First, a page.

- Apr 2020
In the first of two enzymatic steps that produce high-glucose syrup as an intermediate to high-fructose syrup and other products, bacterial α-amylase is employed at pH 6–7 and about 105°C to hydrolyze starch purified by wet milling to roughly DE (dextrose equivalent) 10, DE being the percent of reducing end-groups in the aqueous sugar mixture relative to those in pure glucose of the same concentration. This indicates that the average maltooligosaccharide produced has a DP (degree of polymerization) of 10, although the mixture has a very wide DP range. DE 30 or more can be attained if the reaction proceeds to completion, but DE 10 is chosen to minimize the probability of pseudo-crystallization at lower DEs and the extent of alkaline-catalyzed isomerization of the reducing-end glucosyl residue at higher DEs.In the second step, at pH 4.3–4.5 and roughly 60°C, fungal glucoamylase and a small amount of pullulanase (pullulan 6-glucanohydrolase, EC 188.8.131.52), the latter used to rapidly hydrolyze the α-1,6 bonds from the original starch feed, convert the maltooligosaccharide mixture to approximately 96% glucose (dry basis). The remainder is composed of byproducts from α-amylase hydrolysis plus mainly isomaltose [α-glucopyranosyl-(1,6)-glucose] and isomaltotriose from the glucoamylase-catalyzed condensation of glucose.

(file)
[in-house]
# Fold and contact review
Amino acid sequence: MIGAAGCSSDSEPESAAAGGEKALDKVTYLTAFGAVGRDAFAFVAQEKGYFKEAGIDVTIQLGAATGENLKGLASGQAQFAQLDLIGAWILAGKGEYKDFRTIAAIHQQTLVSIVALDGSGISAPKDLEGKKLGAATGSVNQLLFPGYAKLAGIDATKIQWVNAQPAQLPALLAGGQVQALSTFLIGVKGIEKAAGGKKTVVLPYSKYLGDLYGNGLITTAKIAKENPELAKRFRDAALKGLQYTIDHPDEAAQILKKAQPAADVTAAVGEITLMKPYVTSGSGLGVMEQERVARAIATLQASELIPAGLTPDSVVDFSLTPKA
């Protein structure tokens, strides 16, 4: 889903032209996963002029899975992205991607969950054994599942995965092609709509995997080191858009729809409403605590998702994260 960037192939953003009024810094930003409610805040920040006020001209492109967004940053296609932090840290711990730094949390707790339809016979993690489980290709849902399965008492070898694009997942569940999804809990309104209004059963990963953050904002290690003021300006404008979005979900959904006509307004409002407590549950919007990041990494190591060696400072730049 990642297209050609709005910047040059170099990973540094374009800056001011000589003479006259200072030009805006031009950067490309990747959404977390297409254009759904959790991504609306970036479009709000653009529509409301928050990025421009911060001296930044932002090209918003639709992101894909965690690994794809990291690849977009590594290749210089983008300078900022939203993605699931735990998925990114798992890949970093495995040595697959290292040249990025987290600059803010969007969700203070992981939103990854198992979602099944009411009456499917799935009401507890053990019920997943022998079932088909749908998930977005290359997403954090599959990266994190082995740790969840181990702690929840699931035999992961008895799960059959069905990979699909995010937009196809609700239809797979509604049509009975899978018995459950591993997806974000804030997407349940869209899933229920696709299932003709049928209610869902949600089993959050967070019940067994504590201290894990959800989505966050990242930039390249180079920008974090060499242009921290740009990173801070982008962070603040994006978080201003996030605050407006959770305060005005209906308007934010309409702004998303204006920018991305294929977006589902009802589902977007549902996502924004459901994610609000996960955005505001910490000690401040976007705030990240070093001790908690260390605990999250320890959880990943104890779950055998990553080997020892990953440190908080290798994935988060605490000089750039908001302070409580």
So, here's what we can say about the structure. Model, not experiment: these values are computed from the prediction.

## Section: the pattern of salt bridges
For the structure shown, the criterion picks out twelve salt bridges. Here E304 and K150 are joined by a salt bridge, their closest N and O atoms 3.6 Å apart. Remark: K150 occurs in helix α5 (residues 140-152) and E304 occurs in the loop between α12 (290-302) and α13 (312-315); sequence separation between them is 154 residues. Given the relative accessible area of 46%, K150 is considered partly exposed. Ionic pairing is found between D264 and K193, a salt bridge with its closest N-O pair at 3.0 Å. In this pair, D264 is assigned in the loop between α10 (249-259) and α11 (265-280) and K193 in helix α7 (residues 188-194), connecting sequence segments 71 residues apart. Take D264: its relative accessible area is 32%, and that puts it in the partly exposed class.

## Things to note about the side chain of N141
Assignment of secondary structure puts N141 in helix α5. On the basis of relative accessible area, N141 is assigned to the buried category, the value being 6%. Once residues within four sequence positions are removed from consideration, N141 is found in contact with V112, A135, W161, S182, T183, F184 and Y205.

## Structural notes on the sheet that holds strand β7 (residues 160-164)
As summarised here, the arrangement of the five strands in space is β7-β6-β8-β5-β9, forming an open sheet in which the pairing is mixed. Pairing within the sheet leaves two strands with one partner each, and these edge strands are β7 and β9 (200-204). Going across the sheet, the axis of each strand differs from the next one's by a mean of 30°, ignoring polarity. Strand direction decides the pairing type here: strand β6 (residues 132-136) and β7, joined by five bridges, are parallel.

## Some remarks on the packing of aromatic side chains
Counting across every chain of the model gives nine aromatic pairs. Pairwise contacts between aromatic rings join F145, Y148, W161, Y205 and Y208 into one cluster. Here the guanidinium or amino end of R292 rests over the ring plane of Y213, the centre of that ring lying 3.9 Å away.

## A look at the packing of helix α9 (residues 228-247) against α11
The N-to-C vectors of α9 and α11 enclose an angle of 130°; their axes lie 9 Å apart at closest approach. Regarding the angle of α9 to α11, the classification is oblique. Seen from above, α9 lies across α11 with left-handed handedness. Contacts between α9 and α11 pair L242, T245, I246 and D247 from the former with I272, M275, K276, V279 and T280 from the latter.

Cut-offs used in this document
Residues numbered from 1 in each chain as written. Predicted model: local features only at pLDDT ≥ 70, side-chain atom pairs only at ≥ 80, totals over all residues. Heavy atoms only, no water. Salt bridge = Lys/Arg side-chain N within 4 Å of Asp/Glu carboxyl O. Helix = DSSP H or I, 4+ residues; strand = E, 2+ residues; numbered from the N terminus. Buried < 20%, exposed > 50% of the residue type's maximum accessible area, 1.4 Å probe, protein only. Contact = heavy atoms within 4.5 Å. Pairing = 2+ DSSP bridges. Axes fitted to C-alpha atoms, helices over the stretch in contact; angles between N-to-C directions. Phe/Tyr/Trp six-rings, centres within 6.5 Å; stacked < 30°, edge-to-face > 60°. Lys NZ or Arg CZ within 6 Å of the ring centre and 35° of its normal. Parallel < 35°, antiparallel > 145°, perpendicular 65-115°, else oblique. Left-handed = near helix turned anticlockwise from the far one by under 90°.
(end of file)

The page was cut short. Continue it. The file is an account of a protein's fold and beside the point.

If I'm understanding this correctly, all I need is alpha amylase (easily obtainable) and beta amylase (AKA glucoamylase, also obtainable). When buying these, I've found that alpha amylase is advertised as simply amylase, whereas beta amylaze is advertised as glucoamylase
This mentions both pH and temperature, but fails to mention time. I'd expect it only takes a matter of hours (or less).